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» US Constitution

Ex Post Facto Registration

I’ve written before about sex offender registration, which is required in Arizona for a variety of offenses. For many defendants, having to register is one of most unpalatable consequences of a conviction. It’s embarrassing. It forces them to remain in contact with the same evil government that rode roughshod over their rights to get a conviction in the first place. They end up living their lives being tracked like animals released into the wild, trying to move on but with a class four felony perpetually hanging over their heads. Strangely, people who accept a plea knowing they face registration may be the lucky ones. Many defendants with old Arizona convictions and people moving here from other states have ended up having to register even though they … Read entire article »

Filed under: Arizona Constitution, Sex Crimes, US Constitution

Did He Mention It Was Just Plain Evil Too?

Jamison Koehler put up a post earlier today about Washington, D.C.’s “post-and-forfeit” statute being upheld in federal district court. A lawyer had sued D.C. after being arrested for disorderly conduct and given the “choice” pursuant to the statute of either paying $35.00 to be released and resolve the case or hanging around in jail for bit. As is often the case, Scott Greenfield wrote a post about the case over a year ago, not too long after the lawyer first filed suit. Whereas Scott expressed concerns about the law and its potential problems in his post, Jamison’s post wasn’t really about the law at all. He focused on how people shouldn’t pick unnecessary fights with police officers or bring stupid lawsuits. Discussing the plaintiff-lawyer’s decision to file … Read entire article »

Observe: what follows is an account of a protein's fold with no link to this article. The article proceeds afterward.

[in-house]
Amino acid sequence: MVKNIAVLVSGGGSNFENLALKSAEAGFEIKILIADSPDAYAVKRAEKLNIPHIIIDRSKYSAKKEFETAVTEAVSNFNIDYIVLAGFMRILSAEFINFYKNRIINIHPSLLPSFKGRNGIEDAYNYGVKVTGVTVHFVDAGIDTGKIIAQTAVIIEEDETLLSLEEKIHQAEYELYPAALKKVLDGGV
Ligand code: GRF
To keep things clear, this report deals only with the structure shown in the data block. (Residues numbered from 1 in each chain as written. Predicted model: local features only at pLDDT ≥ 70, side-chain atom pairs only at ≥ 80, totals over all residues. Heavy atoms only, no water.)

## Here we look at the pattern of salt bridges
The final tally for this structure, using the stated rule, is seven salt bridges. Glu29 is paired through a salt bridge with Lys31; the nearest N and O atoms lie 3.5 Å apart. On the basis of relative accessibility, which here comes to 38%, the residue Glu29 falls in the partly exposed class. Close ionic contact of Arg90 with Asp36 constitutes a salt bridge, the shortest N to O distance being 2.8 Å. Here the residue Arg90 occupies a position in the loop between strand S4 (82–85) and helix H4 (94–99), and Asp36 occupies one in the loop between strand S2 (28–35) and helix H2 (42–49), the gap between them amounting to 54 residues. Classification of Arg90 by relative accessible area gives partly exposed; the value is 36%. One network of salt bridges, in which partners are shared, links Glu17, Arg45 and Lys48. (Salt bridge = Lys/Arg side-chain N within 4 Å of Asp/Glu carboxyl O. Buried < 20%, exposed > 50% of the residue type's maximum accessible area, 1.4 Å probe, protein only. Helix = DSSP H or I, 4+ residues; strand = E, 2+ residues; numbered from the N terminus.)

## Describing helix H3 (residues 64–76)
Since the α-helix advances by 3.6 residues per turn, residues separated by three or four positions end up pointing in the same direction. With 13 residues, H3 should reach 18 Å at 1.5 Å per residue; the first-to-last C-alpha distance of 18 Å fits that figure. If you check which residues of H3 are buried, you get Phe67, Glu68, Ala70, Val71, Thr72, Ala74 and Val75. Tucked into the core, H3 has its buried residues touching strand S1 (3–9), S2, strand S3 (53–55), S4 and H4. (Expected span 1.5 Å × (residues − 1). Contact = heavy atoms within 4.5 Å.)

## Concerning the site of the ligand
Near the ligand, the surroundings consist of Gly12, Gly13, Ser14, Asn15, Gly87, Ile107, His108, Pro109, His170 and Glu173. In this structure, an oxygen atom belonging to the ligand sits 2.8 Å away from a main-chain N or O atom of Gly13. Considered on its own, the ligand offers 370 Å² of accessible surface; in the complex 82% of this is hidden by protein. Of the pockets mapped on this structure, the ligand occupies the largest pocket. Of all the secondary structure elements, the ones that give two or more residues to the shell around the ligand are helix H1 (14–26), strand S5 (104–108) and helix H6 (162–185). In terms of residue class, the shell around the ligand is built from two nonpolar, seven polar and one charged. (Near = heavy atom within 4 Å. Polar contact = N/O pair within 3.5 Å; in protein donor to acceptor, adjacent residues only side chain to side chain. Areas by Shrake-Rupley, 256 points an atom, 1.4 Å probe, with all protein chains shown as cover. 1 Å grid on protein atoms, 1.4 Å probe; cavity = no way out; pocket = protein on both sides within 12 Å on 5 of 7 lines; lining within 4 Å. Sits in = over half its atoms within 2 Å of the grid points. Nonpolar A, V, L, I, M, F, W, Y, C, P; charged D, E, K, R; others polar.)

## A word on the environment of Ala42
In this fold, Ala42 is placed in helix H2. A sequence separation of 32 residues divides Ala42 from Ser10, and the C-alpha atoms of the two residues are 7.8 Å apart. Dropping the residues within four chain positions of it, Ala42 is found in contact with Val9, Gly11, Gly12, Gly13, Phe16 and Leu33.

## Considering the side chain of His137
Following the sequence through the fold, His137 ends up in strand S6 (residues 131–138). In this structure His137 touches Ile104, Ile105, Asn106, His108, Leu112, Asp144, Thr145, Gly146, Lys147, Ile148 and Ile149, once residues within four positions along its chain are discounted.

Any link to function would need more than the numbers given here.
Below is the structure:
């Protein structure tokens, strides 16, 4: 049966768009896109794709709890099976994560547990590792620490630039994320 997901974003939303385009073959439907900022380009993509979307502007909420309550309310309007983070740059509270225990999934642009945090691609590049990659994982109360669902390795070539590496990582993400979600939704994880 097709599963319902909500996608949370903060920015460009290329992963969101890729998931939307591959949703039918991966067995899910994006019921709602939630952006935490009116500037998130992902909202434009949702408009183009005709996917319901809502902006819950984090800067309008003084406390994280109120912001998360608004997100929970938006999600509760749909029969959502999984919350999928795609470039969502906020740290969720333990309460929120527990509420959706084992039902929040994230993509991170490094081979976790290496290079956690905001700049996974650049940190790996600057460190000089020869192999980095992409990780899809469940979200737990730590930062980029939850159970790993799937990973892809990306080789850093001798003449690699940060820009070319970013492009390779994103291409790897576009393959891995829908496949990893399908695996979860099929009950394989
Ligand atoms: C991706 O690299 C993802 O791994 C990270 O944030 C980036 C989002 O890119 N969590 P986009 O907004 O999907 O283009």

Filed under: Courts, Government Rants, US Constitution

Because There Is No Other Crime Here…

We have time to charge and convict people of things like this. Basically, Bishop Rick Painter of Phoenix’s Cathedral of Christ the King was convicted of a criminal noise violation for ringing the bells at his church. Here is more information about the case, with a video. Here is the judgment and sentence order, and here is a press release from Alliance Defense Fund, the attorneys he’s retained for his appeal. If you want to check out the church’s website and listen to what may be the bells that got him in trouble, click here. The law he was convicted of breaking was section 23-12 of the Phoenix City Code, “Creation of unreasonably loud and disturbing noises prohibited.” It provides that “[s]ubject to the provisions of … Read entire article »

Filed under: News, US Constitution

End Drug Prohibition

To celebrate the 75th anniversary of the end of one stupid prohibition, I’d like to suggest we end another stupid prohibition. This one won’t even take a constitutional amendment, as the US Constitution miraculously evolved over the 20th century to allow it to happen with a mere act of Congress. Another act should do the trick. Rather than make my own case against the war on drugs, I’ll defer to someone else’s. There are plenty of smart people who have persuasively argued for legalizing all drugs, but this is definitely one of my favorite articles. Our failed war on drugs is one area where I have very little to add to what’s already been written. … Read entire article »

Filed under: Government Rants, US Constitution

Jury Trial Shenanigans

The US Constitution says you get an impartial jury “[i]n all criminal prosecutions.” The Arizona Constitution says you get an impartial jury “in criminal prosecutions.” A misdemeanor is a criminal prosecution, so you get a jury trial, right? If you agree, it probably means you haven’t had the good fortune of spending three years in law school. Those three years are essential if you want to learn the super-important lawyer skill of looking at something really clear and interpreting it to mean something different from what it obviously means. The most important lesson lawyers-to-be learn in law school is that constitutions, statutes, and rules don’t always mean what they say. Sometimes, they don’t even mean what they mean. Nowhere are those important law school lessons more impressively … Read entire article »

Filed under: Arizona Cases, SCOTUS Cases, US Constitution

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